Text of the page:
On Friday, I posted had a post about Zillow being like WebMD and it got me thinking about how easy it can be with the influx of new technology and web based solutions to think you can buy or sell a home. It isn't a surprise that everything is moving fast into the era of the internet. From sites like Uber to Grubhub, we generally can pull up our phones or laptops to order what we want with ease. With every industry being revolutionized by technology, the same methods are "attempting" to be applied to the real estate industry.
We could all agree that the simplification of the process through paperwork would be much appreciated by agents and buyers/sellers alike; but the attempt of replacing the agent by sites like Zillow, iBuyer and Open Door resources can lead to a snowball effect of disaster. Think about real estate being smack dab in the middle of fast food and a doctor. You can use your mobile device to quickly place your order for a $20 meal, but when it comes to getting surgery, you'll want to put that phone down and visit a professional. Now think of your real estate agent being in the middle of all of that. You can use your devices to look for a home, look at market data the way you look at WebMD, knowing not to take it too seriously because you need a real professional's input, but it's fun and gives you a general idea of what to expect. But there in lies the issue, the data online is an oversimplified version of what goes into the process of buying and selling. The same way it oversimplifies medical diseases and surgeries, you'd still expect to get a professional's diagnosis.
Although a real estate agent isn't quite like a doctor, the industry with its legalities, contracts, and processes is similar in the sense that it needs to be taken seriously. Looking for a house online and wanting to put an immediate offer on one can be exciting and fun, but the issues that require a professional's guidance come after the initial contract is written up and the hard work comes into place to actually make the home your own. The same thing goes for sellers. There are fees that are charged to sell your house through one of the site mentioned above. According to mashivisor.com, the fee is anywhere from 6%-13% which is more than if you listed with a professional licensed agent. I'm sure you want the highest return on your investment.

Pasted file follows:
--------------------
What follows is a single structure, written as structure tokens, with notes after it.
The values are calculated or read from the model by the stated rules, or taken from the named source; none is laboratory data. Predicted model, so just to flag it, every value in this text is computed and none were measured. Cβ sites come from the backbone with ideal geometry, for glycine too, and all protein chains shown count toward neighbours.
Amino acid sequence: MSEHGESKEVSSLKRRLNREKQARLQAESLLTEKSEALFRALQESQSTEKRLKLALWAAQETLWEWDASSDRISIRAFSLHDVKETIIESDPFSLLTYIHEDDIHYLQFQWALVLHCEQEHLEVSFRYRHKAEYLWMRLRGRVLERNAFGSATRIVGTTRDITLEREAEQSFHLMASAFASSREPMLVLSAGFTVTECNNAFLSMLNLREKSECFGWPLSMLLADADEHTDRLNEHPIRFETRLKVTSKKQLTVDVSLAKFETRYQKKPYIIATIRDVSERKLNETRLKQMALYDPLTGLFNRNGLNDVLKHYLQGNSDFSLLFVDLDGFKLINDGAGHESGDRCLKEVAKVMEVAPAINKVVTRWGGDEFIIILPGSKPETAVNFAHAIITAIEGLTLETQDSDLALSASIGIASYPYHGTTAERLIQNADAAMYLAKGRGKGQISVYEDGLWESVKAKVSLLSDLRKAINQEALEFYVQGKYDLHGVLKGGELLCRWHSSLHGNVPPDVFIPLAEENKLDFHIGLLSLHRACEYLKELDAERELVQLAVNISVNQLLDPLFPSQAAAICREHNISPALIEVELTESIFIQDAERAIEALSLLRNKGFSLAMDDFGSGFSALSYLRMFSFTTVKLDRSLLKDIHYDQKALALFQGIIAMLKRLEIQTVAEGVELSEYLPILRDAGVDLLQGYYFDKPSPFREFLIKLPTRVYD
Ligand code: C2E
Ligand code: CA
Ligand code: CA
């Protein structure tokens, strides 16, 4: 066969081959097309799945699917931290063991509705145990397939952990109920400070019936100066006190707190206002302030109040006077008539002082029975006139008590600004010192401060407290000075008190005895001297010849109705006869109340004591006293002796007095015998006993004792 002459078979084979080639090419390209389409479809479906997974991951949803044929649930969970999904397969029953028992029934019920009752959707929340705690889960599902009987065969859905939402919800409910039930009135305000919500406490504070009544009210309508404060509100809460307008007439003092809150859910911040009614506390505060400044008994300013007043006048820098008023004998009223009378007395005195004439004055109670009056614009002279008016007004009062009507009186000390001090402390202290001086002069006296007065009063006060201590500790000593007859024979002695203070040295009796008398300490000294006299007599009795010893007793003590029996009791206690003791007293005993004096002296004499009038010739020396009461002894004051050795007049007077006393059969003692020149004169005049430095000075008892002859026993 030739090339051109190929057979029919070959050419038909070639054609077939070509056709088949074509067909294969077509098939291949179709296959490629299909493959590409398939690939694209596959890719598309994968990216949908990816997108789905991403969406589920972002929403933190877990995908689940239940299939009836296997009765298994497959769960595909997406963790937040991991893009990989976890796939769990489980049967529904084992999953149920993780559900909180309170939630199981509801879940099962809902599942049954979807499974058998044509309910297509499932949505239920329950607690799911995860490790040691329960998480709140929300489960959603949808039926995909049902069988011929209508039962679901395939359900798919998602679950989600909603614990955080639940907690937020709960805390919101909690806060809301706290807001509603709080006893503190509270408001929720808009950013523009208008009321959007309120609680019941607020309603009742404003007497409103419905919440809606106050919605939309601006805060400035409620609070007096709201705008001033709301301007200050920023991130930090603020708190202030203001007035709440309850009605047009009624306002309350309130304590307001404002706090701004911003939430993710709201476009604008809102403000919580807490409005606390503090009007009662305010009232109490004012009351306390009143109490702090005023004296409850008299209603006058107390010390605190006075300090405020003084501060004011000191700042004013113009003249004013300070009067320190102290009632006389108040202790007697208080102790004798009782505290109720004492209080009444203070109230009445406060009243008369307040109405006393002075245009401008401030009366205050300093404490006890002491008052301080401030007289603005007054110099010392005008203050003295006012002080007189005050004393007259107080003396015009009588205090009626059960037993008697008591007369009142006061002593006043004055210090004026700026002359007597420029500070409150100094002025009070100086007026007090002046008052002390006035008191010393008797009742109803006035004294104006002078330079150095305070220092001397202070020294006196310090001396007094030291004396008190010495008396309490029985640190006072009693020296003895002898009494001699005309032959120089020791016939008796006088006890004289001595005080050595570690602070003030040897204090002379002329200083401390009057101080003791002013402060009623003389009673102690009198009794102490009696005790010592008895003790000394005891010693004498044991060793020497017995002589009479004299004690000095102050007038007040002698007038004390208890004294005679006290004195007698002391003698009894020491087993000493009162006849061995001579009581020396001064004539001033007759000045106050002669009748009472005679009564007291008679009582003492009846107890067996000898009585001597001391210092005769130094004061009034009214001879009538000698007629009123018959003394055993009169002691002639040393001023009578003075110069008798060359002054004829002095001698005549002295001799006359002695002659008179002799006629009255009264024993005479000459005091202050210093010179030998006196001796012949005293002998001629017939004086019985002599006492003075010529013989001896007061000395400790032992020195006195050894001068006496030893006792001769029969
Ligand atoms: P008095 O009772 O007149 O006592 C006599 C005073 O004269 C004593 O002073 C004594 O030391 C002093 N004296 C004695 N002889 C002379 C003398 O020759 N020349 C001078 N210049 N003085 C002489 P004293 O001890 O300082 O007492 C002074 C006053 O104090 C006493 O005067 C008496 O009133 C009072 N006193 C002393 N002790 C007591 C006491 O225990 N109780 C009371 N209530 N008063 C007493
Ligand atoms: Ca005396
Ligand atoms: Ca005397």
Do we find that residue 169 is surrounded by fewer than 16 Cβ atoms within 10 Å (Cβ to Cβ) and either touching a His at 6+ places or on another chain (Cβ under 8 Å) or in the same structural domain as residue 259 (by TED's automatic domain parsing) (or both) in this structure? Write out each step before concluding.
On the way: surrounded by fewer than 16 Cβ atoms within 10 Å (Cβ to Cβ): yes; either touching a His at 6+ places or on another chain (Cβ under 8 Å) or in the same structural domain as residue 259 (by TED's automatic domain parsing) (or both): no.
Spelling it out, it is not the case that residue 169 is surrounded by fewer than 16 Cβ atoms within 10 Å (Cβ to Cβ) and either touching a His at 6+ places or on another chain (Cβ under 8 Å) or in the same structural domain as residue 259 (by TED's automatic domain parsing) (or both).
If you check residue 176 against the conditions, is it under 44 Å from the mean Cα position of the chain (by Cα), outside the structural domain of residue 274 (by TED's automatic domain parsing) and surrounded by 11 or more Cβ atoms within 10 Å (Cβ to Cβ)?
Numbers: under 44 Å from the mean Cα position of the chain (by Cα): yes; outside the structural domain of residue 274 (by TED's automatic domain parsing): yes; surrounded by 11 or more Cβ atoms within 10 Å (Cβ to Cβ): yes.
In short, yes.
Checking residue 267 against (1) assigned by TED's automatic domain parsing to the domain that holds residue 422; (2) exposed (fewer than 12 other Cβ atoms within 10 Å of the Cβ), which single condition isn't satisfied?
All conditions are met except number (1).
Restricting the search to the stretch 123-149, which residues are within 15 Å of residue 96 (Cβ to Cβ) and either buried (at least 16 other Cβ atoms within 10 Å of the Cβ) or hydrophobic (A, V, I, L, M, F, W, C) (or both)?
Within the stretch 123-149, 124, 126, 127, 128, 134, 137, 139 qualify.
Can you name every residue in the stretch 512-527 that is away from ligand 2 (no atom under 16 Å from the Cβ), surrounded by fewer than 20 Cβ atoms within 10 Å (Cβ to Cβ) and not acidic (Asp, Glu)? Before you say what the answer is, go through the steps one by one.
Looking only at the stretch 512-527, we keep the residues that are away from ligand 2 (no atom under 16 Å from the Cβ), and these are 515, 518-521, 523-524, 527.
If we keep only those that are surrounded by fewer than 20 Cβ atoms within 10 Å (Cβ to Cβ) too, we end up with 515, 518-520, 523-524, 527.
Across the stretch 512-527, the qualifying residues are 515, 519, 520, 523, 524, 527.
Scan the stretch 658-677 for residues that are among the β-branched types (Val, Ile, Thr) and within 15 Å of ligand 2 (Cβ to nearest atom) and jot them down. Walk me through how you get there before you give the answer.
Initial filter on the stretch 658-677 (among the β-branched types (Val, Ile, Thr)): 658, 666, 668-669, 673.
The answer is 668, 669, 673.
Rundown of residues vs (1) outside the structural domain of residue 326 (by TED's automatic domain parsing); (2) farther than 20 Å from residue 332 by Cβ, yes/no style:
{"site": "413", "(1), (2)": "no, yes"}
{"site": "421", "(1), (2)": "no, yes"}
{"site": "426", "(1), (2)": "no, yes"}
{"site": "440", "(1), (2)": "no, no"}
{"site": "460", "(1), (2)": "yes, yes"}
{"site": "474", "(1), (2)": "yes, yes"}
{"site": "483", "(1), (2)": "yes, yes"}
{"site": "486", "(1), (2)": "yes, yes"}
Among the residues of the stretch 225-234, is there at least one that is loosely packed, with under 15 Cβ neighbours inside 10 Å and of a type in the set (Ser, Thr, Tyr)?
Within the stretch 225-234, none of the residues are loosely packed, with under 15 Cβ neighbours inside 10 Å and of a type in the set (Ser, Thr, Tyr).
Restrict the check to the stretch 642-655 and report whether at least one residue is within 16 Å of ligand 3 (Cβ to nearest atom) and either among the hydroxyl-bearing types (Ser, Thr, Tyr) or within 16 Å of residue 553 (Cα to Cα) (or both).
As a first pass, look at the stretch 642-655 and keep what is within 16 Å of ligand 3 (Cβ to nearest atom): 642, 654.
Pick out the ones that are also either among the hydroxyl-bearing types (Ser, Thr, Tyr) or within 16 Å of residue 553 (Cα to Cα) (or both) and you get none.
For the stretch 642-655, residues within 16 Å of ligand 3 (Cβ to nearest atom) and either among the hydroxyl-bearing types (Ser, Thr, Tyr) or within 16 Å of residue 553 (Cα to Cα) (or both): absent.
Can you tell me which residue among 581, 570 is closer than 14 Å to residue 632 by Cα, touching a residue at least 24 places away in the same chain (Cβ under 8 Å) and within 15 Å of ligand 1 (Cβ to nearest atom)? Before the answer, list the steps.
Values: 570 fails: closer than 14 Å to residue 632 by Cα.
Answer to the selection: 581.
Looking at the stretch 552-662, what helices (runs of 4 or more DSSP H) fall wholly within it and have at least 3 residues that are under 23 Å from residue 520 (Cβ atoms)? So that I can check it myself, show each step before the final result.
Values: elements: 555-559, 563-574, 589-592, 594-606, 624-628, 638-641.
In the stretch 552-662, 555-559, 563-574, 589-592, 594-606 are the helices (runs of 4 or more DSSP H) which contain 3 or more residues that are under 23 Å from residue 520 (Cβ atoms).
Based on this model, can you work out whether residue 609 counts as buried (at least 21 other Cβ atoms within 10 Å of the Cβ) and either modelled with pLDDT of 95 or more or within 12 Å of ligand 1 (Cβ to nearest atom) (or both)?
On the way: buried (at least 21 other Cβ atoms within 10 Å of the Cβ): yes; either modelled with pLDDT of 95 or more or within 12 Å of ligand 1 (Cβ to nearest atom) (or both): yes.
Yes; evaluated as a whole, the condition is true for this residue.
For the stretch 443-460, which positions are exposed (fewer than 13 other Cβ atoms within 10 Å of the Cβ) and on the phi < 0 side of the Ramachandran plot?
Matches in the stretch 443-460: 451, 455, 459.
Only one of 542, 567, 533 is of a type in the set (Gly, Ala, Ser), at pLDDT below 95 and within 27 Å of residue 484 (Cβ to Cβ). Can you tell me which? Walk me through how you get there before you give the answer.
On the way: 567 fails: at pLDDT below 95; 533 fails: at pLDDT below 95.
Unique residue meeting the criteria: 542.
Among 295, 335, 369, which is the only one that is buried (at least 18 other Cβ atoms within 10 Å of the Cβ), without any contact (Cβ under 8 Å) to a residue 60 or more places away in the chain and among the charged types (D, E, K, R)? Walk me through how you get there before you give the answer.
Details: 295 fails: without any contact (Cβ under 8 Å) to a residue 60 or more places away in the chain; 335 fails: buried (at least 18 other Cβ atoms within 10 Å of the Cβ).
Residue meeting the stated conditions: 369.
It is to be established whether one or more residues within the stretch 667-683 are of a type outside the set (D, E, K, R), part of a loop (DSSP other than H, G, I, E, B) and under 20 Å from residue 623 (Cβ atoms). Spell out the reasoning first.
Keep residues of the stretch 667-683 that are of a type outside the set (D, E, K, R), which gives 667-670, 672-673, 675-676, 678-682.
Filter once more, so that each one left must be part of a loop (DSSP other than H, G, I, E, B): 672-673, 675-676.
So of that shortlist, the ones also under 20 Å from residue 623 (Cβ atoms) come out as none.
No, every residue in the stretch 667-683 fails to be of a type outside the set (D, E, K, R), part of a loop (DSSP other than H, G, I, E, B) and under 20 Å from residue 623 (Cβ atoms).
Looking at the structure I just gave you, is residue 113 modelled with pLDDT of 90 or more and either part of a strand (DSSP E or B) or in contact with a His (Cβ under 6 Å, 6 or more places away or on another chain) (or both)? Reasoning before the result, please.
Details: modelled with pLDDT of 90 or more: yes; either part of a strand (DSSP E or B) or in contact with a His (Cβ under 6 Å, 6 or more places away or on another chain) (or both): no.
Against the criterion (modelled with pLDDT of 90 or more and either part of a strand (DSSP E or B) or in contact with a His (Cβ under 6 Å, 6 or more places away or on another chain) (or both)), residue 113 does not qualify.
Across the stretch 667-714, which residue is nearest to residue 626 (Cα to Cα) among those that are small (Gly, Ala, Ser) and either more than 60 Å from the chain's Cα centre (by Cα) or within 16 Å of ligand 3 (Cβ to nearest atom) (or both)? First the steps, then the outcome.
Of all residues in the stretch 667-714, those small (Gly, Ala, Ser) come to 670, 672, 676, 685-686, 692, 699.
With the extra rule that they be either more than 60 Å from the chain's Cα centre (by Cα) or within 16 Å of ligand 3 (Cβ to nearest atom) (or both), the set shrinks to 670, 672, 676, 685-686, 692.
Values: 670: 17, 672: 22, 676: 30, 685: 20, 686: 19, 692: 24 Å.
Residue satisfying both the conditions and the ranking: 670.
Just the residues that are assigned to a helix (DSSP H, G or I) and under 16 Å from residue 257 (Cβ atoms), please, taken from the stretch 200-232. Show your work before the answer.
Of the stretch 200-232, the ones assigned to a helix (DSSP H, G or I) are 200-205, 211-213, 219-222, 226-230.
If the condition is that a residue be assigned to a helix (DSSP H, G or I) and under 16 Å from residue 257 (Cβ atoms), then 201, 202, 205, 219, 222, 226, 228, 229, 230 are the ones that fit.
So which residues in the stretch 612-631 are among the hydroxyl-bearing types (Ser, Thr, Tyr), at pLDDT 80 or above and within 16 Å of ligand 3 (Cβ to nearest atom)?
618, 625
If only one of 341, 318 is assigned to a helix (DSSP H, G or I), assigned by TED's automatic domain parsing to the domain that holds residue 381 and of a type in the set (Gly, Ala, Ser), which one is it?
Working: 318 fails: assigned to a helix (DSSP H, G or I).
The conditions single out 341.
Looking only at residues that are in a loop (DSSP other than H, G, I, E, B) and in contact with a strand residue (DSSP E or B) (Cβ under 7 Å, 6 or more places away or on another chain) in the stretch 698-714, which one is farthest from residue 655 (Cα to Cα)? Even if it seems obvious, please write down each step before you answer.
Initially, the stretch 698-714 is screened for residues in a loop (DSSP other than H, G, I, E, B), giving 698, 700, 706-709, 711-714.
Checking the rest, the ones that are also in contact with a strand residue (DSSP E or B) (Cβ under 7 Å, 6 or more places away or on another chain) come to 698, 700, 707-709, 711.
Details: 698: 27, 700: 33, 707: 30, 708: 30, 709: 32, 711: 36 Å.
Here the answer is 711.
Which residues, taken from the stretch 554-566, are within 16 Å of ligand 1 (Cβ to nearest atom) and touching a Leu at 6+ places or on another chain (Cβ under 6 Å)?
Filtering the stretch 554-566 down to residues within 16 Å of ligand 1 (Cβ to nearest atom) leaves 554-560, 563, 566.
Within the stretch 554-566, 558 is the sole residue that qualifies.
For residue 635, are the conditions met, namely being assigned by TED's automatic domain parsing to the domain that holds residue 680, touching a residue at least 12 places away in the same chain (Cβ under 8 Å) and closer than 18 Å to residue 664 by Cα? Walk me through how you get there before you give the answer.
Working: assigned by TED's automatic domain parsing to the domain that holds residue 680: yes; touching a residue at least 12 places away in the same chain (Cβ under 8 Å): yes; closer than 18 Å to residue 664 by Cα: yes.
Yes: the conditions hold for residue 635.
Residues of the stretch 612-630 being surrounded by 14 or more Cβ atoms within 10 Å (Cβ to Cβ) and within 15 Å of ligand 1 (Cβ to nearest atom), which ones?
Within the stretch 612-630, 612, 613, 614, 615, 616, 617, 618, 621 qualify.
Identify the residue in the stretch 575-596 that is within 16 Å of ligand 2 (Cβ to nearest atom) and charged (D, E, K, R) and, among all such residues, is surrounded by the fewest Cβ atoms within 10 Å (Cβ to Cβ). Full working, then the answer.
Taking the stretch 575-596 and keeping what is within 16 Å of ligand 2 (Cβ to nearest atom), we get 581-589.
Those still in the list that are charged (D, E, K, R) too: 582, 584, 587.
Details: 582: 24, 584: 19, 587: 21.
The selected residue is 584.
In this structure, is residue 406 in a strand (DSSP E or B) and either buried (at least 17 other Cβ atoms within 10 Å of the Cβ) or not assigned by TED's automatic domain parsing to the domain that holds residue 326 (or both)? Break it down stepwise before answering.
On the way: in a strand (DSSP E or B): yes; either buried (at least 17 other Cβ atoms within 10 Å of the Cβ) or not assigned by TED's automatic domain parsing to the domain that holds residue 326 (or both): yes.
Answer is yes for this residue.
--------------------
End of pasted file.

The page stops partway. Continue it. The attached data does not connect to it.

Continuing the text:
Sellers if you receive an offer from an ibuyer, you are typically left unrepresented and will have to seek out a real estate attorney to make sure the contract is written correctly and make sure they are not being taken advantage of. If you decide to put your home on the market and want a website that will give you an automatic offer, how do you know you're not being taken advantage of with the price? Most importantly, how do you know you're not being taken advantage of in other aspects of the contract? There is a lot more to the sale of the home than just agreeing on a number and this is where a good agent comes in.
Photo by Sarah Pflug
The next time you're digging through public sites for homes for sale, and getting instant home valuation estimates, keep in mind that this is a simple process to give you an idea of your market. A very general idea. After you've found the perfect house, or after you've decided that the numbers make some sense for you to sell, call your favorite real estate agent and make sure they give you a more detailed look into the market and assist you through the full process, not just the exciting first parts. It is going to be in the middle of a contract when the lending is falling apart, or negotiations can't be made on repairs and emotions are at an all-time high, that you are going to wish you had put down your laptop and had an agent fighting for you by your side. Use the internet, have fun with its amazing resources, but don't let it replace your agent. We aren't in an age yet where technology can do everything a professional can.